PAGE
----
06.05: Who will save me from me?

by April 15, 2012

“Why did I do that?” This question often troubles us whenever we look back at a less-than-worthy action that we did on the spur of the moment. Seeking an honest answer leads us to an unpleasant conclusion: my greatest enemy is me.

The question, then, begs itself: who will save me from me?

Gita wisdom answers, “Me.”

This is the verdict of an enigmatic Bhagavad-gita verse (6.5) that addresses the self in a dual sense. Translated literally, the verse states, “Elevate the self with the self; do not degrade the self with the self. The self is the friend of the self and the self is also the enemy of the self.”

This dual sense of the self arises from the dual nature of our present existence: we are spiritual beings trapped in material bodies. Our spiritual side, our real self, prompts us towards our long-term interests, whereas our material side, our illusory self, pushes us towards short-term indulgences. This dual sense of the self is difficult to comprehend and as our misidentification with the illusory self is created primarily by the mind. No wonder then that almost all prominent Gita commentators translate the second “self” in this verse as the “mind.”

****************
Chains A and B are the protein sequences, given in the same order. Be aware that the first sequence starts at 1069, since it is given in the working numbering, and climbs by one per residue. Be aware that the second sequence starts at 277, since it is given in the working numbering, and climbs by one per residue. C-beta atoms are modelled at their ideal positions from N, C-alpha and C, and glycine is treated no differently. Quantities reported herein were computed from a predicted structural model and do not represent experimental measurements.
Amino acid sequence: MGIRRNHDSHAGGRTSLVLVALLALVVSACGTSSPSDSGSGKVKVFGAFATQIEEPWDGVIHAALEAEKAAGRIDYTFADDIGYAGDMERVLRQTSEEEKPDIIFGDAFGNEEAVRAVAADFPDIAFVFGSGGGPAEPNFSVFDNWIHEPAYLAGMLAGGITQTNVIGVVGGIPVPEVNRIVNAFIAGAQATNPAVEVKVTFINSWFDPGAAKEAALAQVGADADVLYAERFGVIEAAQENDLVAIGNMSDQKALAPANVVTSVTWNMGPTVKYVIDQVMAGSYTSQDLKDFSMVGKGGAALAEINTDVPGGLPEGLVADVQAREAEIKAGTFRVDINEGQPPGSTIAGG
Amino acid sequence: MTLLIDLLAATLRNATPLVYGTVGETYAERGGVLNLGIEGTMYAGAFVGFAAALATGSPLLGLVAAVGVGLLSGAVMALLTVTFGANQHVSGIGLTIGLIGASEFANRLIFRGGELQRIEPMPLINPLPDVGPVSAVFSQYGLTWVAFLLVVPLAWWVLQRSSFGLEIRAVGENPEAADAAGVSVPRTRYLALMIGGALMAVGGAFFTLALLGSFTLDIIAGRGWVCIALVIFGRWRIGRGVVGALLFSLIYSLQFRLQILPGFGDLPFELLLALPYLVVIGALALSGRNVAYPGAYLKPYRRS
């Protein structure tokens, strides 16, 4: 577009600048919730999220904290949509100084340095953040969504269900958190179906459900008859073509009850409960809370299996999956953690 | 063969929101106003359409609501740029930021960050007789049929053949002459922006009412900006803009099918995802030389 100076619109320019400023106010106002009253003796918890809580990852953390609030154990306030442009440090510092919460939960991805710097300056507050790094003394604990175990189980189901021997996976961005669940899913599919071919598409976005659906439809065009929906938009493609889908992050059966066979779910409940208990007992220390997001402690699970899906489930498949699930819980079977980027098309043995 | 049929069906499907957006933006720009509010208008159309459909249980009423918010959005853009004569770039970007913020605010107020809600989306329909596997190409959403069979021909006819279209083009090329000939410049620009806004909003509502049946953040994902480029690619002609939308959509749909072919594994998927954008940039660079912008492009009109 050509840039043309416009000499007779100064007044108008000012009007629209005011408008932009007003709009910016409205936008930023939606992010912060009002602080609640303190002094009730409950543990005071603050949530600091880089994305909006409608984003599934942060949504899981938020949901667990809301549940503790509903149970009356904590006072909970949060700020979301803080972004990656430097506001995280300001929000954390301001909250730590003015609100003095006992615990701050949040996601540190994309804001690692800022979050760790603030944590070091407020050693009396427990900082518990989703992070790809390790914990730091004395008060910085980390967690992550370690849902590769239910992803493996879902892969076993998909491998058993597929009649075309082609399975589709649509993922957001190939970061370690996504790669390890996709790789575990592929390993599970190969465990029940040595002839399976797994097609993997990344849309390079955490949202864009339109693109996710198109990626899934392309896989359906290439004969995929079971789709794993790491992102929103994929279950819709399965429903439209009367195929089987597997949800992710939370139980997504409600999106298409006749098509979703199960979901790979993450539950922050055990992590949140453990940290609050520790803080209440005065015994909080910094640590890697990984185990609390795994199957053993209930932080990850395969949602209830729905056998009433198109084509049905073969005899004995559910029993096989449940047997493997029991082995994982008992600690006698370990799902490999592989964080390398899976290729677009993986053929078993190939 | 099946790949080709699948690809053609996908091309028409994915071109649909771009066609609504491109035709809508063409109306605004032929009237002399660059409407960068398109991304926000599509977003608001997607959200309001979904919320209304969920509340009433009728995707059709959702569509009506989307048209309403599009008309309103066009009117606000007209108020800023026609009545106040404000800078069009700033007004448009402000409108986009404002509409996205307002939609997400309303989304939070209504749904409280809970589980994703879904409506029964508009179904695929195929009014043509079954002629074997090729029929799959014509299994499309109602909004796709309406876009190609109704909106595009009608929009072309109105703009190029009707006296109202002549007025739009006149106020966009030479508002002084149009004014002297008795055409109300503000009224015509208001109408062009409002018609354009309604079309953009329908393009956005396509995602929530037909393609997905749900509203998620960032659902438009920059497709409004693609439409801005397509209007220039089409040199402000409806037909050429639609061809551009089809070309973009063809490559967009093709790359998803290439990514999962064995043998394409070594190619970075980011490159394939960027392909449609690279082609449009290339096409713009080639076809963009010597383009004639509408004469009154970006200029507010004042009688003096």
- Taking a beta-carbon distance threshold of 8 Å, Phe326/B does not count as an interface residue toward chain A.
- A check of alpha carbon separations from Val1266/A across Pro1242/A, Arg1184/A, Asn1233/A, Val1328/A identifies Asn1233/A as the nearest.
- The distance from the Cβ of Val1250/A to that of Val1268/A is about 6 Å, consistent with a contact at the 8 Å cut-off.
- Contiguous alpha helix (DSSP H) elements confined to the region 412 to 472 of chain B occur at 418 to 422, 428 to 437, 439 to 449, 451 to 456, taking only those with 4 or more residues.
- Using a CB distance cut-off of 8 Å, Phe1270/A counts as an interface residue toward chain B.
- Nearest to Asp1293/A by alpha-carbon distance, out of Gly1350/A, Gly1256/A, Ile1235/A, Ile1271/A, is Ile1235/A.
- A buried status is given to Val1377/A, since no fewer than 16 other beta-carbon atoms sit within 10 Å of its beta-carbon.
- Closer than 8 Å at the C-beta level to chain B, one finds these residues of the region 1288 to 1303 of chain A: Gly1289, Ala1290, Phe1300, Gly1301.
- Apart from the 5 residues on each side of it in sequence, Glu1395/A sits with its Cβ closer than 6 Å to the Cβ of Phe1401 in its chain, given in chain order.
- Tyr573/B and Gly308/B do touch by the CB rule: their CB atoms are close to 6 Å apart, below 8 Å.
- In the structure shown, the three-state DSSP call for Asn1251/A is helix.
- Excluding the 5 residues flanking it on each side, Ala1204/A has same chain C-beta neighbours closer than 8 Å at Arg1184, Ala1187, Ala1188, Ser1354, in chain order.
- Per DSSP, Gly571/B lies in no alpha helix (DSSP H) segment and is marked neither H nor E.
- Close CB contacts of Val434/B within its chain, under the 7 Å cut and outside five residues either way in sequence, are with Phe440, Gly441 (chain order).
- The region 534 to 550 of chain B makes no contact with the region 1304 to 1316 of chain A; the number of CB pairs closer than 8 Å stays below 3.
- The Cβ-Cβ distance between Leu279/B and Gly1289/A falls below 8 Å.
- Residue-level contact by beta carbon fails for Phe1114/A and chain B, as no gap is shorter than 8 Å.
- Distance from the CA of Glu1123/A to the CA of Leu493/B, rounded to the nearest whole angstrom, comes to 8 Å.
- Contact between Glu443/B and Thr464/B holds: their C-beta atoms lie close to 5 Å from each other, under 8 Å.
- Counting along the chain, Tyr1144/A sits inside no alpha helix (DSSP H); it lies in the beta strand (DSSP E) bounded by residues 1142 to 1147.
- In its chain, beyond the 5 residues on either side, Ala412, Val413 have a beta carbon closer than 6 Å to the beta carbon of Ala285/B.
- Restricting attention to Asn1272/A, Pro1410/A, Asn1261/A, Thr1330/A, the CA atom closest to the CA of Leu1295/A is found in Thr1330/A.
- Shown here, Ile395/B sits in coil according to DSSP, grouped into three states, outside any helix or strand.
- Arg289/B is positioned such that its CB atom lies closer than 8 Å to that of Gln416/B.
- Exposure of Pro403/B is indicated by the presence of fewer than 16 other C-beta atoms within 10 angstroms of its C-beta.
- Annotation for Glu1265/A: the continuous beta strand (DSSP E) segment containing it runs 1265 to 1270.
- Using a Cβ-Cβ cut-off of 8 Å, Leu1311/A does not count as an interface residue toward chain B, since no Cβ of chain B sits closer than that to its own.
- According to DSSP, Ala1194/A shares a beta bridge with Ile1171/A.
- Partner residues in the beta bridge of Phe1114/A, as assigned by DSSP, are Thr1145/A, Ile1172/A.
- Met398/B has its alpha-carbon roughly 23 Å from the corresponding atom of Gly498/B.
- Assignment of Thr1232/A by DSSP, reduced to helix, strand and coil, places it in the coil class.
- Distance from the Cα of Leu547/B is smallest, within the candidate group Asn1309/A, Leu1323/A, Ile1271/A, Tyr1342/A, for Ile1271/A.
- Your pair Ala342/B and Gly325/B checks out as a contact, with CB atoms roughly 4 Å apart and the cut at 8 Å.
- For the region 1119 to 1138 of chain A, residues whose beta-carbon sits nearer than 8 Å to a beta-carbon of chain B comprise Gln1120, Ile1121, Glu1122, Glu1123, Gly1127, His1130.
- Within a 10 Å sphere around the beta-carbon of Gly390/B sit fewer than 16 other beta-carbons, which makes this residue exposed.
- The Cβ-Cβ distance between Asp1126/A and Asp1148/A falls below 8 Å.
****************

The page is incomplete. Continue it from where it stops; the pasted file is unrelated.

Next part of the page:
With either translation, the essential question remains: how can we save ourselves? Let’s consider a metaphor to understand the answer.

Our situation is like that of a boat on an ocean. For the boat to stay steady amidst the wavy and stormy ocean, it needs to be coupled to something steadier than itself: an anchor. Similarly, if we wish to stay steady amidst the materialist storms that shake us through provocative situations and passions, we need to couple with something steadier than ourselves: the ultimate spiritual anchor, Krishna.

Therefore, the complete answer to the question, “Who can save me from me?” is, “me, by coupling with Krishna.”



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